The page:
A Bhatia merchant of Bombay, whose name the prize bears, suddenly amassed a large fortune during the cotton boom of 1866 and spent much of it in various useful charities. He made a gift of two lacs of rupees to the Calcutta University on the stipulation that the interest on the amount during the year (at first Rs. 10,000 later Rs. 8,000/- and finally Rs. 7,000/-) should be bestowed on a scholar of the highest academic merit displayed in the University Examinations. Severe written tests were attached to the award and there were certain years when no one was deemed eligible for it. Capacity for enormous labour during a number of years, keen aptitude for research, vast reading, a strong memory, proficiency in language, these were the essential qualifications for success in that hard competition. Those who succeeded in winning the scholarship proved to be men of exceptional efficiency and never failed to make a permanent mark in Bengali cultured society and public service.
Sharda Charan Mitra and Ashutosh Mukherji were among the predecessors of Jadunath in this rare honour. Sir Gurudas Banerji had failed in that effort as he stood second and as only one award was available. The Examination was necessarily very stiff and involved a special study of many subjects: the English language, History, Economics, Political Science, with extensive courses attached to each. For instance, the study of English required a complete knowledge of English philology, a thorough acquaintance with Anglo Saxon together with its later changes during medieval and modern times and an intimate knowledge of the different periods of English literature and its sources both in prose and verse. No limits were set in prescribing the questions to be set for that competition. One special requirement for the Examination lay in the deep study of the history of India with reference to original sources (especially, Asoka and Akbar).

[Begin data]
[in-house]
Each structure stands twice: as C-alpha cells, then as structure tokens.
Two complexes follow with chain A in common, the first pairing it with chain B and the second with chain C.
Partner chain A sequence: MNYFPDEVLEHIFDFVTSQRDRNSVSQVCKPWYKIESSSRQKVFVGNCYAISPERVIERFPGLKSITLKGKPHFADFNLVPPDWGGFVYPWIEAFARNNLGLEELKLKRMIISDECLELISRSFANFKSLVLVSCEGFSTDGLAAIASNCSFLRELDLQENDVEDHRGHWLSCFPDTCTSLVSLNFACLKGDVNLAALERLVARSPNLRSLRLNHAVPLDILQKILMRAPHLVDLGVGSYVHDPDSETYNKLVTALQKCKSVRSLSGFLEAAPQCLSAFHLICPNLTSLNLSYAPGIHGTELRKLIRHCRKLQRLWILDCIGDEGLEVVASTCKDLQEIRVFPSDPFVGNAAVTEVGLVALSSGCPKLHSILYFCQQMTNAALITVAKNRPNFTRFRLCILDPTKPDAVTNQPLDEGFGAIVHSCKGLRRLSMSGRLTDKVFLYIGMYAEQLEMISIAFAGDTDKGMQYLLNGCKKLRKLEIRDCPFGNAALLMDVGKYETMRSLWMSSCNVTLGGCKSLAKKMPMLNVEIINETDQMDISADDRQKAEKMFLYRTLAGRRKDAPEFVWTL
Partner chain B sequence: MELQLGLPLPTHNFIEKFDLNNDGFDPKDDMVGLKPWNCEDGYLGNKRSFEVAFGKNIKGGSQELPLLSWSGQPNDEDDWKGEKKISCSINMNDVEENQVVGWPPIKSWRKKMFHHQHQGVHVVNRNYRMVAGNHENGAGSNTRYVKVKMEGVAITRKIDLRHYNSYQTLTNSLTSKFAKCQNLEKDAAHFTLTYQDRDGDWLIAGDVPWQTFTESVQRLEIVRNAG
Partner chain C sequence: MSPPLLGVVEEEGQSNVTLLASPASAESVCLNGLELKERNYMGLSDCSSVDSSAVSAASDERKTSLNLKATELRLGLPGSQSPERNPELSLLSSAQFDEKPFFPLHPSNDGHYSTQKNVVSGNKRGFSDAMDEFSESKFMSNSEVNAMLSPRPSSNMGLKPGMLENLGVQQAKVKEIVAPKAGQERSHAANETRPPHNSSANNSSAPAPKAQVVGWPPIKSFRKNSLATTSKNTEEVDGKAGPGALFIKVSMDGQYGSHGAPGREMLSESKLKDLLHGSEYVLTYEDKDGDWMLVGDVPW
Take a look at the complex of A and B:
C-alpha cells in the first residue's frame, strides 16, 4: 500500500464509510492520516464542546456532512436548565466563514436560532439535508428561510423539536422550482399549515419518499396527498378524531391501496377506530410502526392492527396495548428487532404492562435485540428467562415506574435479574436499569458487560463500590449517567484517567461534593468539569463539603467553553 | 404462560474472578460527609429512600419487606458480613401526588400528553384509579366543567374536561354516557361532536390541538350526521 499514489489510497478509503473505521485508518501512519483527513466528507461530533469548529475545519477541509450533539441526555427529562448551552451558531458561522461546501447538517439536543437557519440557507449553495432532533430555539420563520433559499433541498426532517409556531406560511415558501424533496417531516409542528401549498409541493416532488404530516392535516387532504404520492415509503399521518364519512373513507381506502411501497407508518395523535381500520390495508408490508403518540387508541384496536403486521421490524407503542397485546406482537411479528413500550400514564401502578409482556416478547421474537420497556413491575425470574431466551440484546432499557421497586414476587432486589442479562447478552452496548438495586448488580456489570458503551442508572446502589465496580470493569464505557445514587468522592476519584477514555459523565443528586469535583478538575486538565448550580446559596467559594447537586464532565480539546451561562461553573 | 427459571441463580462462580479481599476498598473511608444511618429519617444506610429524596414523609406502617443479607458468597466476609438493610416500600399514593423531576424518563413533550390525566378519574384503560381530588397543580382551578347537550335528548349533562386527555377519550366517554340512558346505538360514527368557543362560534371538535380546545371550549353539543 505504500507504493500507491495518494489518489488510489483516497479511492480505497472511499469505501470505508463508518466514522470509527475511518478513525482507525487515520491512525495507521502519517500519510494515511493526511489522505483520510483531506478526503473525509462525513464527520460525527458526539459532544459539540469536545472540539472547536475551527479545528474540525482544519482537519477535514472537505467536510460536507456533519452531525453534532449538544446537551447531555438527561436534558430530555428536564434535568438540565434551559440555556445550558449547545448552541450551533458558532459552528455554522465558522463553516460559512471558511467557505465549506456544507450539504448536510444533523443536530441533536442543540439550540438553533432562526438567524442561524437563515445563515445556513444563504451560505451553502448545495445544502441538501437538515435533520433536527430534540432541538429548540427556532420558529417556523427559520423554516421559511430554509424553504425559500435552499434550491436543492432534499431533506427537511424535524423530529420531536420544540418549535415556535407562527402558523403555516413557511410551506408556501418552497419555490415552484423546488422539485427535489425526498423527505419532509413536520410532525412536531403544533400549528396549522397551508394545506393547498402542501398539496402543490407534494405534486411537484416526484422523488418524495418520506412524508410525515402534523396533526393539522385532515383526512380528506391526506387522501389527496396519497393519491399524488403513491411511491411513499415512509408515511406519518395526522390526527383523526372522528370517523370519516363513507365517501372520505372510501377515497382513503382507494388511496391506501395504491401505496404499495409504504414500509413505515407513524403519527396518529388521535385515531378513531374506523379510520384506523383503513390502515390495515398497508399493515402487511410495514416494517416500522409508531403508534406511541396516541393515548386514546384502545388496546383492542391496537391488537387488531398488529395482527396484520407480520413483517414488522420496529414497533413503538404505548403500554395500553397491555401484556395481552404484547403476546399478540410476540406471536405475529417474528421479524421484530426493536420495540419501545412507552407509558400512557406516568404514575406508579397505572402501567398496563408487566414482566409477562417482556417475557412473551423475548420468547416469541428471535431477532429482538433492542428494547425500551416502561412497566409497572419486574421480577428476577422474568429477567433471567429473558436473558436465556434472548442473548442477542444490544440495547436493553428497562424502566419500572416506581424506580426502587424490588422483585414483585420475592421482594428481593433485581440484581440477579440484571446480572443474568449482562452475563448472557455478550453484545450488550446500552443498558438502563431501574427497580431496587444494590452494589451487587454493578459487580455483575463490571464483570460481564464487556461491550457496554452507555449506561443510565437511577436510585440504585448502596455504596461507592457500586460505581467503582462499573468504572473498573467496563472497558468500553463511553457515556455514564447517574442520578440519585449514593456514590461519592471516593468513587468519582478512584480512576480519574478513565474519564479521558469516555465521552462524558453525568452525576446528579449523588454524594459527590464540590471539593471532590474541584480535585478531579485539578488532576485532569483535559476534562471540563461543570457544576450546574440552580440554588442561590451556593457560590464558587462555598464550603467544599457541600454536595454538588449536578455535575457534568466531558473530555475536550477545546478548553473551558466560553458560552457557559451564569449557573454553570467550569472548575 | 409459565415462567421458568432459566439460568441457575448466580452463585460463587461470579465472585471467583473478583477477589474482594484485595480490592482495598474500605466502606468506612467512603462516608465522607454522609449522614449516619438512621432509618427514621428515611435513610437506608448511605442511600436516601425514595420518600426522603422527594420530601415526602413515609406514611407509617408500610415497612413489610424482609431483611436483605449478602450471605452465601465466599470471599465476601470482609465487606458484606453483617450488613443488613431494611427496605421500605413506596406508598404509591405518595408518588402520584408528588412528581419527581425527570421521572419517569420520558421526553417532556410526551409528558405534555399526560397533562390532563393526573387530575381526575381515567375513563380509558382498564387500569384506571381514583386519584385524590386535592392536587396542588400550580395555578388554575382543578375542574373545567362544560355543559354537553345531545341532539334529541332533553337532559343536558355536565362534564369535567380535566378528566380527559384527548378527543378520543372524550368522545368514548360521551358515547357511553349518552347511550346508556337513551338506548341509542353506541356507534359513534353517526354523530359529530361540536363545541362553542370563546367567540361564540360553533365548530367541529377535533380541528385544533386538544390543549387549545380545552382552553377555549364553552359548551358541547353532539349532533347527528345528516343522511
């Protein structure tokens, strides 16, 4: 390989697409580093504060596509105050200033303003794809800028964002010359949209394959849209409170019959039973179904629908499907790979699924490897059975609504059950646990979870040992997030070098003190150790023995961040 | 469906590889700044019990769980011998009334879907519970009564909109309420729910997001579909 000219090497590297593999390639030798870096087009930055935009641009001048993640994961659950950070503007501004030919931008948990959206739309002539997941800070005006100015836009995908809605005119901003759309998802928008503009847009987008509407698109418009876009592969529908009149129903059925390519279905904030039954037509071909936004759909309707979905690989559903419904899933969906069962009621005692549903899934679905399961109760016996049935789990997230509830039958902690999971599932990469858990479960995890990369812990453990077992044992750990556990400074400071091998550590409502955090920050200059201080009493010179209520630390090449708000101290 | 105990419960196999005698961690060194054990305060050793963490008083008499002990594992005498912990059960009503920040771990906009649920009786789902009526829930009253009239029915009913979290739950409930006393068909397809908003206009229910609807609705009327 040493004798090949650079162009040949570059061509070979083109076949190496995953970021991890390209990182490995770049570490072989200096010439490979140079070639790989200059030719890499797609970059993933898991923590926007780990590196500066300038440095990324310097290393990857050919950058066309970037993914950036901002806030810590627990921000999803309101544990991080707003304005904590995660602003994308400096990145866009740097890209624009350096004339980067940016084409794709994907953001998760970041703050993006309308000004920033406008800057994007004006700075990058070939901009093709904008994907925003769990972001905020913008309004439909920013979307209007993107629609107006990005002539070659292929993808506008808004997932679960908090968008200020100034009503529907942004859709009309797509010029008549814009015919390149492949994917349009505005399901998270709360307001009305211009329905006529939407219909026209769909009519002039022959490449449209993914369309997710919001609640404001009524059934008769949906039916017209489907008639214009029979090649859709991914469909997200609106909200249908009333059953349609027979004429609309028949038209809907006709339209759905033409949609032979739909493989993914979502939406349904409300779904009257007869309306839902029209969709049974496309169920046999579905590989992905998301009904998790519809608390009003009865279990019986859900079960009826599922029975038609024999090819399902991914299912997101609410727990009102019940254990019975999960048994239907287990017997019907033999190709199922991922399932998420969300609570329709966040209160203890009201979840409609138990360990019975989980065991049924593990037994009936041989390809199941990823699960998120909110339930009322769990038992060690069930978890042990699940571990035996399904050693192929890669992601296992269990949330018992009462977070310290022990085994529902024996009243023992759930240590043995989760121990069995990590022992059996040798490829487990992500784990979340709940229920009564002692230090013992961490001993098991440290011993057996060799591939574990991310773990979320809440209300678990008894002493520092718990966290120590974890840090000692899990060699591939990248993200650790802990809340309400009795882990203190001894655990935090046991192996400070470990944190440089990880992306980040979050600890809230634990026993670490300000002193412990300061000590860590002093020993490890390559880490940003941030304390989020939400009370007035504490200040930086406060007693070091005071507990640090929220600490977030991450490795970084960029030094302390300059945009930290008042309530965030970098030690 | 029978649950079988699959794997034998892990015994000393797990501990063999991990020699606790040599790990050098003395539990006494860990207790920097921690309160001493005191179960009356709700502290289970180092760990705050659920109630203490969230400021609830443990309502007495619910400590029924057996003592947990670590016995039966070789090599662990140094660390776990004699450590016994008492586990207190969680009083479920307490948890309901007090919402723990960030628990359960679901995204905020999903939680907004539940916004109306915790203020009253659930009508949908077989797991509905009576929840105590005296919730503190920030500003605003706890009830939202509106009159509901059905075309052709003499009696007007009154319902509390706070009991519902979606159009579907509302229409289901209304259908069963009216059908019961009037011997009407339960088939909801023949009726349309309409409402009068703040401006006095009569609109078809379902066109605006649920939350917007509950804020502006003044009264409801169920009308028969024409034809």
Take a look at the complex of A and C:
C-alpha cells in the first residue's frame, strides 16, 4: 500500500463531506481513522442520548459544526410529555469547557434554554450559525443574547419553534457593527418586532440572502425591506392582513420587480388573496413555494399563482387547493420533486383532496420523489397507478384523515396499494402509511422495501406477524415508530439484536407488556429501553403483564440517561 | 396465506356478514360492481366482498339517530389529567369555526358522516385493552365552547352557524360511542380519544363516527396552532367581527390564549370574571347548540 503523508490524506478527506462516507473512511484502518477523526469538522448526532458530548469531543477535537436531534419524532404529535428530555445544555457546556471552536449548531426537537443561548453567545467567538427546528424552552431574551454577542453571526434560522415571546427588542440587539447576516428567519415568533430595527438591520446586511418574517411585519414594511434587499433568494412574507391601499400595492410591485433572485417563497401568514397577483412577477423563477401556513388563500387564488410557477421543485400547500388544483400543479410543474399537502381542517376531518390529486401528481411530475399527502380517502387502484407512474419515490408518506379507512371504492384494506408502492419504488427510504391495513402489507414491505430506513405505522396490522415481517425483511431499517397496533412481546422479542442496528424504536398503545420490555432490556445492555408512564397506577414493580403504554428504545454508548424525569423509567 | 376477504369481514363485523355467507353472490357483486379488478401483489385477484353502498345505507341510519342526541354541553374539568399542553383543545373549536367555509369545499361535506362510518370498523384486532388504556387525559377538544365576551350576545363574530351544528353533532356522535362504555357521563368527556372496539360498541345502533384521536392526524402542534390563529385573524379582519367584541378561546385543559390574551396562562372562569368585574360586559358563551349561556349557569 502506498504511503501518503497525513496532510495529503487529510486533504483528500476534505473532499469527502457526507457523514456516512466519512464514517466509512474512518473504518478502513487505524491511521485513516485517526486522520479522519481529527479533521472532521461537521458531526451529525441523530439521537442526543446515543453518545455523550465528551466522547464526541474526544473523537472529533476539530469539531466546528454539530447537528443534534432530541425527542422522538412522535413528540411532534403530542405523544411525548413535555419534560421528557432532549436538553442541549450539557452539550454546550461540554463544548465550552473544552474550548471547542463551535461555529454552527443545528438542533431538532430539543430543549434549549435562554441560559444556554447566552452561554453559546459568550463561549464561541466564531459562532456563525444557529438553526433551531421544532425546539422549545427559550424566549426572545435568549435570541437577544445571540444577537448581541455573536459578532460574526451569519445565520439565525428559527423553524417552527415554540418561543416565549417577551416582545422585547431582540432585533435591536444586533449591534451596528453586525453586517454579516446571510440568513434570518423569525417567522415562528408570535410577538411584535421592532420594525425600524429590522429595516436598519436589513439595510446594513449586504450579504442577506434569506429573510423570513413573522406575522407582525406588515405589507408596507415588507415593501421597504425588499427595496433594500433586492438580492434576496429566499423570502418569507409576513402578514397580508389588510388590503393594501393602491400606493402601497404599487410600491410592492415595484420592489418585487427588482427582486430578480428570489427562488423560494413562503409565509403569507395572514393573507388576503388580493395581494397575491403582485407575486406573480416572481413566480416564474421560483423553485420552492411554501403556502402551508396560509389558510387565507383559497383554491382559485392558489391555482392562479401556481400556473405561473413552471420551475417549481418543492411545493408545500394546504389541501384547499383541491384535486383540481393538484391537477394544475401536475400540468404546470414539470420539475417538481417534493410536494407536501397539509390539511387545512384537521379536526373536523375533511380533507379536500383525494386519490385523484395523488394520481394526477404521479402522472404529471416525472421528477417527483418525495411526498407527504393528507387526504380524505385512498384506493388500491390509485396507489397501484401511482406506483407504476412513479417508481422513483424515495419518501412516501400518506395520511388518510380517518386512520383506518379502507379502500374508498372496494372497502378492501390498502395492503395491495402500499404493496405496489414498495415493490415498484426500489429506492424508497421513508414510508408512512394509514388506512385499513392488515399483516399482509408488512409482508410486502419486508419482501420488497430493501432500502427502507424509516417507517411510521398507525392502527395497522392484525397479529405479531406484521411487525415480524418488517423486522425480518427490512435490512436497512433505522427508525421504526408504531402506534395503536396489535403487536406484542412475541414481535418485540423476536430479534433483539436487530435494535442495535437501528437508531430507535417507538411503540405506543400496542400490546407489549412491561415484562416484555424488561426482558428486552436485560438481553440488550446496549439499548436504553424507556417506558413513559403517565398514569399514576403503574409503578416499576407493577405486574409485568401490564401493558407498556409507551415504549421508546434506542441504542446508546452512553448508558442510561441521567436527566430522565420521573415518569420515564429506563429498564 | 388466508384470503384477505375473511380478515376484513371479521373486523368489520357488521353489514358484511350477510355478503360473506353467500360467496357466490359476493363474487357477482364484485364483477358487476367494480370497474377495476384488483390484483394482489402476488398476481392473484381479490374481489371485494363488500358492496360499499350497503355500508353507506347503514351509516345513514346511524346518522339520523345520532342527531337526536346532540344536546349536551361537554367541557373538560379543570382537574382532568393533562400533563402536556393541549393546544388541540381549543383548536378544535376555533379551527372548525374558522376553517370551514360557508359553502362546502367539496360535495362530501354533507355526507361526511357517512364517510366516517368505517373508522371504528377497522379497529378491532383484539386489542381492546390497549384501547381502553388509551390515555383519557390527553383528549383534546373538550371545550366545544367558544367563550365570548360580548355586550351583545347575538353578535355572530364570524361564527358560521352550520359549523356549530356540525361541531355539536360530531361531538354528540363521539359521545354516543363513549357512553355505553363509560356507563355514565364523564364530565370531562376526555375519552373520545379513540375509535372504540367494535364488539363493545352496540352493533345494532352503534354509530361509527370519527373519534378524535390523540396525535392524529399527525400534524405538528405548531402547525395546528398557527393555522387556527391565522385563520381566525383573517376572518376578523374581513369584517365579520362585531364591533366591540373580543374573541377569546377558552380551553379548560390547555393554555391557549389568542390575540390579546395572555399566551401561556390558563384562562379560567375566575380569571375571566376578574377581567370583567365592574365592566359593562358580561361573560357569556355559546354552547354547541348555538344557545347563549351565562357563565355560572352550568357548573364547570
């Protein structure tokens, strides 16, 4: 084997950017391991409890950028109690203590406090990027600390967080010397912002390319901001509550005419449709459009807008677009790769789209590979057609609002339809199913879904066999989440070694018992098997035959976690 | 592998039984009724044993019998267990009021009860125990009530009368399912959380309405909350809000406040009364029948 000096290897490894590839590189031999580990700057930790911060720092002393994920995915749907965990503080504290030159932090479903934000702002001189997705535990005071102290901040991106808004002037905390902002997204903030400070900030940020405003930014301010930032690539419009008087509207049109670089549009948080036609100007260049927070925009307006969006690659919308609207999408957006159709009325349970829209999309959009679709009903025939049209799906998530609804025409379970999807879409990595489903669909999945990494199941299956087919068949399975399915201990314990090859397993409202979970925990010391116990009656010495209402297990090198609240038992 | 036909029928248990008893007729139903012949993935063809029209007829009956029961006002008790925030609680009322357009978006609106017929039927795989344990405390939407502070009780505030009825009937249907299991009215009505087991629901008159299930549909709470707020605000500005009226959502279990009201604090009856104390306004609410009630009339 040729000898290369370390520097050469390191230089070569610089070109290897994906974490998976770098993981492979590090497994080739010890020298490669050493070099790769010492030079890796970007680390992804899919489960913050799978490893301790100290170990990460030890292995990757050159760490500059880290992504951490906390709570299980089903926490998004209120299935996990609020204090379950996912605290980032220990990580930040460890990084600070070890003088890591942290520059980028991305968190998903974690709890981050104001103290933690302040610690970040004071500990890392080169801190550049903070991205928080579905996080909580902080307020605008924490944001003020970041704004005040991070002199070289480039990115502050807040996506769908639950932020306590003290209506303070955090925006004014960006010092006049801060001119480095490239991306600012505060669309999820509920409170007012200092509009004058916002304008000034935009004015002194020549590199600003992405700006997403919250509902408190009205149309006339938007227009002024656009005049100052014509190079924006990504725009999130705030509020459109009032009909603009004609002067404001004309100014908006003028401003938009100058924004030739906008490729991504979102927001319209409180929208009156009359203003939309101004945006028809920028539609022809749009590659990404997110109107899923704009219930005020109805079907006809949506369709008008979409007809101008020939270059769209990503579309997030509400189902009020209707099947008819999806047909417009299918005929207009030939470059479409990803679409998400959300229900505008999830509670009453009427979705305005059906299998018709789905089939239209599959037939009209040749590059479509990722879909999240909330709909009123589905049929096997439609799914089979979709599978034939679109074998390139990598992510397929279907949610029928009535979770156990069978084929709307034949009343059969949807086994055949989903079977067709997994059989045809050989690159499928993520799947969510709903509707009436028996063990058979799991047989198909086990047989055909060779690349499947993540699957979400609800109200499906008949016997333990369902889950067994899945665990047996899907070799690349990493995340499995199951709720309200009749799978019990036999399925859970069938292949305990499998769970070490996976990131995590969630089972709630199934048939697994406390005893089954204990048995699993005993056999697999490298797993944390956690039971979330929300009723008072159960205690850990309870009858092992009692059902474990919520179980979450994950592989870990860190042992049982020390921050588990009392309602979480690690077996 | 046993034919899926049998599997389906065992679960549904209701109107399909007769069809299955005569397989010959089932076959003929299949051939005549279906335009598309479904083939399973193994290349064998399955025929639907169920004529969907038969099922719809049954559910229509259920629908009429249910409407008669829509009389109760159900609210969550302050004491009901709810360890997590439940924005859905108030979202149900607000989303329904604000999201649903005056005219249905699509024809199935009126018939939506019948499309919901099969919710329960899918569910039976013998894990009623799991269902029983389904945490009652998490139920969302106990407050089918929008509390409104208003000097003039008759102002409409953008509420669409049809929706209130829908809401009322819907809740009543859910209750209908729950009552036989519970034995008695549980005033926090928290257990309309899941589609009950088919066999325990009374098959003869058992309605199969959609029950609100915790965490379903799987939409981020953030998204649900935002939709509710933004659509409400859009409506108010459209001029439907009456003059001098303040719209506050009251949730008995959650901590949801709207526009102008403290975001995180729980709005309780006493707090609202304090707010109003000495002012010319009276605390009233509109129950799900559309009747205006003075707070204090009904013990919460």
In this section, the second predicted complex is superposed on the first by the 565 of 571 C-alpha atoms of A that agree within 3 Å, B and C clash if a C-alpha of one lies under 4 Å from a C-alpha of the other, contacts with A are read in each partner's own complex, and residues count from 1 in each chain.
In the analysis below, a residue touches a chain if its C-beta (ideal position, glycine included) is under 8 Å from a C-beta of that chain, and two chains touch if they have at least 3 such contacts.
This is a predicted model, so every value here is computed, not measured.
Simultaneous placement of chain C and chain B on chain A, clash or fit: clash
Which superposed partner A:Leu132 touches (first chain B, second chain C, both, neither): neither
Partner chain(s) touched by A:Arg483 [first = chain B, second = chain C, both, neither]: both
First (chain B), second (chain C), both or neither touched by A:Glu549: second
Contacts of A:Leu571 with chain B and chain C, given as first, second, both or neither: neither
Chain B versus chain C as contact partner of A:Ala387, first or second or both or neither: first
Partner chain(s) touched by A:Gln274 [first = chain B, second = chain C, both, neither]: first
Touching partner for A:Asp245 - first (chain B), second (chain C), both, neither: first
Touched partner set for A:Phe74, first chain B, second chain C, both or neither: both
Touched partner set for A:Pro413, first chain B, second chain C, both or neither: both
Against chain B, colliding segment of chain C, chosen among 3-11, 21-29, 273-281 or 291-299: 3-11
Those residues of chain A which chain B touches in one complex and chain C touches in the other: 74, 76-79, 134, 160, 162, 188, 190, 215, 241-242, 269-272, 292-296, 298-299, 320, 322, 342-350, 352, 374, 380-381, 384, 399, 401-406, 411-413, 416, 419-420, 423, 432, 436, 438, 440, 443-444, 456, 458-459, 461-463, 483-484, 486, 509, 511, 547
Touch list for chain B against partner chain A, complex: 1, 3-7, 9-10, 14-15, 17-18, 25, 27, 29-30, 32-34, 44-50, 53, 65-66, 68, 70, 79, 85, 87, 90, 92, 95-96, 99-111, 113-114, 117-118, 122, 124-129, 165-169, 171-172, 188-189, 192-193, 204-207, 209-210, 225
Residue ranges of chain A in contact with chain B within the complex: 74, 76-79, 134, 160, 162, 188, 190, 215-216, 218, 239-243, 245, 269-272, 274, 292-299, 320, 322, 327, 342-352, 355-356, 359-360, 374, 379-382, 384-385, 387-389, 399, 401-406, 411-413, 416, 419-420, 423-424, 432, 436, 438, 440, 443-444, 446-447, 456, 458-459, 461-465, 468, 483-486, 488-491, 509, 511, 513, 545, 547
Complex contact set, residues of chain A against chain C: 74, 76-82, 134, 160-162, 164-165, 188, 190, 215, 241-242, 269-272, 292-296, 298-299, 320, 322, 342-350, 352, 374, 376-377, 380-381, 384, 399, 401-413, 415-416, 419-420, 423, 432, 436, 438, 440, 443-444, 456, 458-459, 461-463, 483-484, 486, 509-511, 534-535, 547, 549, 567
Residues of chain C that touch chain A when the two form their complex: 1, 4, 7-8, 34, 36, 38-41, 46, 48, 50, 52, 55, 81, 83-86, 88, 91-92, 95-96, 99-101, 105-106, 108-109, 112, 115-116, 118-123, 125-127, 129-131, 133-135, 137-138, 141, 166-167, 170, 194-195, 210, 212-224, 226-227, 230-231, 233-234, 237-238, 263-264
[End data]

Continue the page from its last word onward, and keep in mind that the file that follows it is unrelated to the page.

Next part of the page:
Jadunath possessed special aptitude for such a hard test. He was from the beginning given to books and avoided publicity. With a rare fondness for reading, he was well-versed in English and Sanskrit. At first, he did not know Persian, but when he decided to take up the life of Aurangzib and the study of Medieval India as the subject of the original research required by the then terms of Scholarship, he learnt that language, in which alone the original sources of that period were available. Thus, he put in full four years of strenuous labour after passing his M.A. (1892) and appeared for the Scholarship examination in 1897 and obtained the prize. The award consisted of a gold medal and a cash prize of Rs. 7,000/- to be paid in five years.
After receiving the first two instalments, the candidate had to pass through another test which required the presentation of an original thesis in some unexplored field. For this, Jadunath first selected the early Mughal period of Indian History, but realising that this involved an extremely wide field and that older men like Beveridge were already working on it, he after considerable deliberation, decided to work on Aurangzib’s life, a subject which was full of varied incidents and offered a virgin field for investigation, as it had not till then been attempted by anyone else.
To be continued